For those interested, there is a second, related, post about the conference’s roundtable on internet search.
Friday Plenary 1
Two empirical papers. Both reasonable but neither fascinating. Second about network effects in the adoption of electronic medical record (EMR) technology using state-varying privacy laws as a form of instrument. Privacy laws do inhibit adoption of EMR systems because of inhibition of network effects (you aren’t going to be able to transfer).
Saturday Plenary 1
Lerner: Trolls on State Street (quality of business method patents). This was an interesting paper on which I ended up being the discussant (I’ve posted my discussant presentation). Stand-out figure is that business method patents are litigated 27 times more than the average and over an order of magnitude more than the next most litigated category (drugs).
Noel and Schankerman: strategic patenting, R&D and market value in the (large) software industry. An impressively ambitious paper. Overall affect of patenting on R&D is positive with ‘incentive’ effect outweighing the ‘thicket’ affect. Of course their dataset if based on very large software firms – precisely those who have tended to favour software patents so far so difficult to know what this means for policy.
Saturday Plenary 2
Excellent presentation by Ross Anderson of his summary paper on economics and information security. Some doubts about the details of Ross’ claims (real-life seems much messier than the simple economic models suggest, e.g. p2p, drm …). Jacques Cremer made some good comments along these lines and also posed (and half-answered) the question as to why so few economists seem to get into this area (main point: doing decent theoretical work here is hard – or at least work that would get published).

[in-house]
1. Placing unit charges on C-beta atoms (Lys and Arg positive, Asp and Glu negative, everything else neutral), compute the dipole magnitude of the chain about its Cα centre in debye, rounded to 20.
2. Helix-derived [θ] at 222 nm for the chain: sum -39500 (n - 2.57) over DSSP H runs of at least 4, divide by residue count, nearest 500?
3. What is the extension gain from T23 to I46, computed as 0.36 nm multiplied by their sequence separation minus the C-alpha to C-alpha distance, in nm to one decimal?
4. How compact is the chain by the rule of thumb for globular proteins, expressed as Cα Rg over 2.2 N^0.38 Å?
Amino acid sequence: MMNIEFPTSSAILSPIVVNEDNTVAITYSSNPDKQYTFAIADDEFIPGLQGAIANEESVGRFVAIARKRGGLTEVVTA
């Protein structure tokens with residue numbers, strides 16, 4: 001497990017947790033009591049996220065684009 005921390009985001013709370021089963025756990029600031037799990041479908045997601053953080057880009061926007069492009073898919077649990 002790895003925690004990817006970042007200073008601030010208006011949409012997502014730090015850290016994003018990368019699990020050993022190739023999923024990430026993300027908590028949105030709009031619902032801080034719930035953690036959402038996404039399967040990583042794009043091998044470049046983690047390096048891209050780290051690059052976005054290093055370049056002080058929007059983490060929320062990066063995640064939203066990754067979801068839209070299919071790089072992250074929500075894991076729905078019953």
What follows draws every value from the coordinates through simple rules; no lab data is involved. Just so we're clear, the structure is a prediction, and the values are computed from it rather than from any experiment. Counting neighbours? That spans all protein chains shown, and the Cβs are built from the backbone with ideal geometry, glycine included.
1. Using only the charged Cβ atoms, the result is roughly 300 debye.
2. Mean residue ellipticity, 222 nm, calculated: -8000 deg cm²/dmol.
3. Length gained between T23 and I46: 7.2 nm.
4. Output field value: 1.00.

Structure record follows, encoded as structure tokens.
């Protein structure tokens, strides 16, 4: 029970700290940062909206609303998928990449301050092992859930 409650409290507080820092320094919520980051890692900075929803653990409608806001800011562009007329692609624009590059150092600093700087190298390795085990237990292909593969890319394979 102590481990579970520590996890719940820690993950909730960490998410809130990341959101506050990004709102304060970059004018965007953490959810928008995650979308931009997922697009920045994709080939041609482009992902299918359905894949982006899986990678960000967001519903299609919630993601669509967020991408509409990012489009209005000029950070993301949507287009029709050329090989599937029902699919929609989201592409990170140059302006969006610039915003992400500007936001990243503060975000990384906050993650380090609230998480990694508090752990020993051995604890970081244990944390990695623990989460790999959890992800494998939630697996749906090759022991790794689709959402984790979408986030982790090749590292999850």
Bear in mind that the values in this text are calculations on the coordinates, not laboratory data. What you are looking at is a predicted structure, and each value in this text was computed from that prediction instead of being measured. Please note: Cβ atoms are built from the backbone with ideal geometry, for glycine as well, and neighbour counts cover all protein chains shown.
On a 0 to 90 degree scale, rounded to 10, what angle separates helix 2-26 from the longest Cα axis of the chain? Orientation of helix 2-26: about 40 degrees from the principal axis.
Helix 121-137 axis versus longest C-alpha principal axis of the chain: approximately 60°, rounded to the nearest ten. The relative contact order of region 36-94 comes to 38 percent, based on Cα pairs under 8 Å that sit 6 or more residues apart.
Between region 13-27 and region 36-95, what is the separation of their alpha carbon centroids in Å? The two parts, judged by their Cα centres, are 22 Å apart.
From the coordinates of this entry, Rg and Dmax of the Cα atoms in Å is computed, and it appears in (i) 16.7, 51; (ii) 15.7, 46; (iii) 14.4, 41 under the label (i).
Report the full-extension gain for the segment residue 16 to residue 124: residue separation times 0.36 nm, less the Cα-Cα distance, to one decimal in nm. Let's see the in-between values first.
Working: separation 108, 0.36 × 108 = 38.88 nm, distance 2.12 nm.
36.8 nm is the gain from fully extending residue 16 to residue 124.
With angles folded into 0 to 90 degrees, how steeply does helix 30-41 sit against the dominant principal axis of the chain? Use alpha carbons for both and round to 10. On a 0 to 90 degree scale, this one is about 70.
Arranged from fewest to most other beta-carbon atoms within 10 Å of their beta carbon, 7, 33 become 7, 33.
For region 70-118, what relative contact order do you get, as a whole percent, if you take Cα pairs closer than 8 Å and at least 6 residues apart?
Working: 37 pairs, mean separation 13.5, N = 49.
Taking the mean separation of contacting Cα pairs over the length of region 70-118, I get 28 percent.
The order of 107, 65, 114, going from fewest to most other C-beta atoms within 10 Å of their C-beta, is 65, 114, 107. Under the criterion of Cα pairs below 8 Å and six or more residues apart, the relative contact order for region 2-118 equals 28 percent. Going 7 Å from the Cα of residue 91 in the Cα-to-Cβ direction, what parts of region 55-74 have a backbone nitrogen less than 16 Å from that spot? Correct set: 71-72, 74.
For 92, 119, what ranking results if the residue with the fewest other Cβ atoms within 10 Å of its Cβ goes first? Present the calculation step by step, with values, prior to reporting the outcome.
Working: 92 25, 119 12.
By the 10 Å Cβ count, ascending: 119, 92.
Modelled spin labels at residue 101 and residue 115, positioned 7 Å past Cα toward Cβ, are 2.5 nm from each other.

Second item on dynamic durable good models with quality improvements was a little hard going at least as a presentation (theory presentations are always harder).
Saturday Parallel Session
Pornography, Rape and the Internet (Todd Kendall). Nice empirical paper not related to anything I do but an interesting general result. Rather than summarize here’s the abstract:
The arrival of the internet caused a large decline in both the pecuniary and non-pecuniary costs of accessing pornography. Using state-level panel data from 1998-2003. I find that the arrival of the internet was associated with a reduction in rape incidence. However, growth in Internet usage had no apparent effect of other crimes. Moreover, when I disaggregate the rape data by offender age, I find that the effect of the internet on rape is concentrated among those for whom the internet-induced fall in the non-pecuniary price of pornography was largest – men ages 15-19, who typically live with their parents. These results, which suggest that pornography and rape are substitutes, are in contrast with most previous literature. However, earlier population-level studies do not control adequately for omitted variables, including the age-distribution of the population, and most laboratory studies simply to not allow for potential substitutability between pornography and rape.
Take away: an increase in internet access of 10% is associated with a 7.3% decline in the incidence of (reported) rape (p.23).
There are, of course, some questions. Paper is proxying pornography by internet access but internet access is also associated with easier access to all kinds of other forms of material (shopping, games, general information etc) – material, furthermore, that is perhaps easier to access than pornography. The author tries to control for this by looking at other crime types (and finds no association – except in the case of prostitution) but this does not help as much since other crime types may not have such general substitution effects (murder, for example, is notoriously stable over time while robbery may be driven primarily by other – monetary – factors).